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Maziarz to face primary challenger

A Niagara Falls attorney and School Board member will challenge George D. Maziarz in a Republican primary for the state senator's long-held Niagara, Orleans and Monroe County seat.

Johnny G. Destino, who unsuccessfully challenged Niagara Falls Mayor Paul A. Dyster in November, will now turn his aim to Maziarz -- Dyster's chief rival -- with the backing of Buffalo developer Carl P. Paladino.

Destino's candidacy is part of Paladino's effort to defeat Republican senators in Albany he deems too loyal to Majority Leader Dean Skelos or too willing to compromise with statewide Democrats.

"I see a young, spirited man who wants to do his public service," Paladino said of Destino. "He's well-intentioned, well-balanced on issues, somewhat of a moderate, who I believe will not be tainted by the Albany establishment mentality that has been adopted by George Maziarz's friends and family club."

Paladino, the former Republican gubernatorial candidate, has pledged to help finance Destino's campaign against Maziarz, who serves as vice president pro tempore of the Senate and has held his seat since 1995.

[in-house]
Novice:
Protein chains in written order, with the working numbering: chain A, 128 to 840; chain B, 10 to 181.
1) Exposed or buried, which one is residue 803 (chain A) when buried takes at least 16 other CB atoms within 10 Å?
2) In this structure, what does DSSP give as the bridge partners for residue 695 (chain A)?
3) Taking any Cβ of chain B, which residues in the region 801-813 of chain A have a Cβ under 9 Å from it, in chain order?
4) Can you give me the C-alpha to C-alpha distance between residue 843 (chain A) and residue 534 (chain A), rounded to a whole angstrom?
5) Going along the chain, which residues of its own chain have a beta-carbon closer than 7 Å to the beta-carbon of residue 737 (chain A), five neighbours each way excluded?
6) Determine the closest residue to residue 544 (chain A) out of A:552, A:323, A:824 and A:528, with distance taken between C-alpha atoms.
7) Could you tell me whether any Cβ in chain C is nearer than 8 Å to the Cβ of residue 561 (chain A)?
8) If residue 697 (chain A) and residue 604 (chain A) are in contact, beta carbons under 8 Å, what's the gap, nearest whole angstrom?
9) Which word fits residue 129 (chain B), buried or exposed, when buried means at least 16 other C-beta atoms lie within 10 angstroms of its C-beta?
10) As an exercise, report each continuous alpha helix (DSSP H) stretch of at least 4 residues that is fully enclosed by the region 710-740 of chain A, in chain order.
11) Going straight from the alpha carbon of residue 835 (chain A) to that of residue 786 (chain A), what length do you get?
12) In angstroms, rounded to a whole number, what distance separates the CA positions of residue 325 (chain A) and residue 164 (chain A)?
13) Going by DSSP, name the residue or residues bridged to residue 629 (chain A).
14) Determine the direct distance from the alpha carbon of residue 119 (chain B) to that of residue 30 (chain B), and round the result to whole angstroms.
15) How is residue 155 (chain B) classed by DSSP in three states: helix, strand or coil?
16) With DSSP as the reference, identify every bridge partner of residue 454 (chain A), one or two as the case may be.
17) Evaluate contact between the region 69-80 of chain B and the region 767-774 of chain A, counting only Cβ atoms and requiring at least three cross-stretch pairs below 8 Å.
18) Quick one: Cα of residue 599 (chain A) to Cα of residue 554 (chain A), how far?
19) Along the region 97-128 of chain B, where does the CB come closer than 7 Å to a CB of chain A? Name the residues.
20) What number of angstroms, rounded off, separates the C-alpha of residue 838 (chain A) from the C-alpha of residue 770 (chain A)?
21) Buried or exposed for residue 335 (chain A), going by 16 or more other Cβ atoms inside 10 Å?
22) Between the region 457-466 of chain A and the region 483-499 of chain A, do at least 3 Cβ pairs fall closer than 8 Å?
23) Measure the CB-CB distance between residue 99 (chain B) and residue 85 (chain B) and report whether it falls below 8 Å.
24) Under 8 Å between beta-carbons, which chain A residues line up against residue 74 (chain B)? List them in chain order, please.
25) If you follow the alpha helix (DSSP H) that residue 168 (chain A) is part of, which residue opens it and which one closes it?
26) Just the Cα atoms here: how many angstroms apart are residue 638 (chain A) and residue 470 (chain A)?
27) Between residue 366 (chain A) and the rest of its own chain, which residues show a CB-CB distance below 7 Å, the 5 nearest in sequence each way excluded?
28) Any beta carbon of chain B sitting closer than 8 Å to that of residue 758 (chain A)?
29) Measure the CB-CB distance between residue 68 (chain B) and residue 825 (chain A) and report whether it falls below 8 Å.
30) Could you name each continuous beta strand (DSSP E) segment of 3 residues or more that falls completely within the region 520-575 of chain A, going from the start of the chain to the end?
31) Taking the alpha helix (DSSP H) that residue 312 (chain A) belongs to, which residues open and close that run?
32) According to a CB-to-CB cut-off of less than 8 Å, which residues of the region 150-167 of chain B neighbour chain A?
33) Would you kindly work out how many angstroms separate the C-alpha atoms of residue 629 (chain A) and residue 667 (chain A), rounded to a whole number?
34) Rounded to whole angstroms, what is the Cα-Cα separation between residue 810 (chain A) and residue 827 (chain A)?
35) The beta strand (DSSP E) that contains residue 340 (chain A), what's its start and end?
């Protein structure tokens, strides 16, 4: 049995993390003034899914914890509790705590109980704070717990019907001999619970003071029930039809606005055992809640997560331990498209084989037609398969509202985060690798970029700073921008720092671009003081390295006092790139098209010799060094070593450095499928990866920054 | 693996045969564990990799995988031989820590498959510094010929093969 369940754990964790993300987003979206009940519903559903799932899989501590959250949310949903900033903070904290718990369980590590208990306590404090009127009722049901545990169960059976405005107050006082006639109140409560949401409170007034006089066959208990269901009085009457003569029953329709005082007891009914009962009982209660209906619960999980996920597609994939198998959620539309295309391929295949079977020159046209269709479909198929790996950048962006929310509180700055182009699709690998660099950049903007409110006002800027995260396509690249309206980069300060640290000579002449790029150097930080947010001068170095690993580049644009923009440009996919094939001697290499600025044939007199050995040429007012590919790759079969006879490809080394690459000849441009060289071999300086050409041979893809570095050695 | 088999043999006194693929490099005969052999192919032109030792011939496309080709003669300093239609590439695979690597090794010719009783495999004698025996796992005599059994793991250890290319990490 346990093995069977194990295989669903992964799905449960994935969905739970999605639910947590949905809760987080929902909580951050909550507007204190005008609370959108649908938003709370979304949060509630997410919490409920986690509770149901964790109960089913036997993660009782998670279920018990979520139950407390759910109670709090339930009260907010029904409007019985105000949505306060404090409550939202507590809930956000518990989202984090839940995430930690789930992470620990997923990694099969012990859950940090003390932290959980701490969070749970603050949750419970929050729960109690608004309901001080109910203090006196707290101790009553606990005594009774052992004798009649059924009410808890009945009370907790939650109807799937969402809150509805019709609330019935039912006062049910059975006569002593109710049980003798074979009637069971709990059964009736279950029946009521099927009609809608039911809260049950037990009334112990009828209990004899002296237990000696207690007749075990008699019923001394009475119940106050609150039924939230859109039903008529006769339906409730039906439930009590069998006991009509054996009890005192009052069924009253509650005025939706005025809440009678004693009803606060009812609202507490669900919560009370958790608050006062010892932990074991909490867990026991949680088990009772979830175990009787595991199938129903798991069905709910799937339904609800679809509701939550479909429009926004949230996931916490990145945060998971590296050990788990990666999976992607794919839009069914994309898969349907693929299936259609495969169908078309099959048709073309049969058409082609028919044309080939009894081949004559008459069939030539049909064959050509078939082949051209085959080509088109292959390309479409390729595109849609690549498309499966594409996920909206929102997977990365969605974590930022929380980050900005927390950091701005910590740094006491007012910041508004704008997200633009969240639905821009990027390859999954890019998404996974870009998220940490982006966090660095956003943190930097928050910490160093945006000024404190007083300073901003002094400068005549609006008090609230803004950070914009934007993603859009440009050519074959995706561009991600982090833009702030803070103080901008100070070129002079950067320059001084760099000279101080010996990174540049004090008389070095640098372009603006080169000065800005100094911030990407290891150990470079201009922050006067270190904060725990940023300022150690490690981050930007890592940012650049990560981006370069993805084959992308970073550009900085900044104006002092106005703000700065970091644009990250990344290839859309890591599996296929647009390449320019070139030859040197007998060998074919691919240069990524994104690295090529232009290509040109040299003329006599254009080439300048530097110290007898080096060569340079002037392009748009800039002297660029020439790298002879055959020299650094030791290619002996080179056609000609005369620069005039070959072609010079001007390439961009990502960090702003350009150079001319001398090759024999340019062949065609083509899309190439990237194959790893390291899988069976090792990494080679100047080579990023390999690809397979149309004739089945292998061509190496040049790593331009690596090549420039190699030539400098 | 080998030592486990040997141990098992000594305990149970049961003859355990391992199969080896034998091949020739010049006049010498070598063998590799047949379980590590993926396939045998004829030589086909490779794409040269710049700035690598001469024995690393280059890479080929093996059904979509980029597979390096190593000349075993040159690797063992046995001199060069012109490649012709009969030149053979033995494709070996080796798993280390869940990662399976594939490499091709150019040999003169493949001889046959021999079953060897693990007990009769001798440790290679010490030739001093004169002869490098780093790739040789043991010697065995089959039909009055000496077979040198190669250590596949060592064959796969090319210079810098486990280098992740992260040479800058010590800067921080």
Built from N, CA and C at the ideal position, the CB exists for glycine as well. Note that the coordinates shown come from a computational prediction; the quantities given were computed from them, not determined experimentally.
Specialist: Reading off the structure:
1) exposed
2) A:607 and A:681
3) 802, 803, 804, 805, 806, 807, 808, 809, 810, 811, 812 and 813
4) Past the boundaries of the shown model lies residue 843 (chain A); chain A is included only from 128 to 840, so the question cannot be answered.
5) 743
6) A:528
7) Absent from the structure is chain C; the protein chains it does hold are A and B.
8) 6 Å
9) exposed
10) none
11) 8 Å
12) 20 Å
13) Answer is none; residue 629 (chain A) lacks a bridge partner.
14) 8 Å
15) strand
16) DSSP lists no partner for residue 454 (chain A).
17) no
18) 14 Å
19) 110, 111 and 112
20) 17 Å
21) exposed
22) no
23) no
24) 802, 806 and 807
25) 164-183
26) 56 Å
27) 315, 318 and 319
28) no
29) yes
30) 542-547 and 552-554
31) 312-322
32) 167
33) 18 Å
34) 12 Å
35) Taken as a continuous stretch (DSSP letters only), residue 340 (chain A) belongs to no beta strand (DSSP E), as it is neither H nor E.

"I believe Albany needs to be turned upside down in order for us to begin straightening out our priorities," Destino said. "First we have to remove career politicians who have long forgotten whose interests they were elected to serve."

Destino said his focus will be repealing unfunded state mandates, calling for Medicaid reform and bringing jobs to the region.

"The solution is not a billion dollar regionalism plan where the government still controls which projects get approved, which contractors get the work," Destino said. "The solution is just to lower property taxes, lower the cost of energy. Just getting government out of the way -- they don't need to be involved with every project. Make it affordable to do business here without going through the regulatory hurdles."

Destino, 35, lost to Dyster by fewer than 700 votes in November. He said Maziarz's political organization promised him support but reneged before the election.

He has served on the School Board, where he entered as a reform candidate vowing to make changes and end nepotism. He drew criticism of the board when he filed a petition challenging the appointment of the daughter of the school district's attorney as human resources director.

He said he doesn't expect county Republican support but could receive a boost from tea party activists in Niagara and Erie counties. He also plans to seek the Conservative Party endorsement.

"If the tea party activists are serious about reforming Albany, I think we can pull it off," he said. "The entrenched [Republican] party members will be the most motivated to keep the status quo."

Destino said the state's same-sex marriage law is one example of where Republican senators compromised with Democrats at the expense of their ideals.

email: cspecht@buffnews.com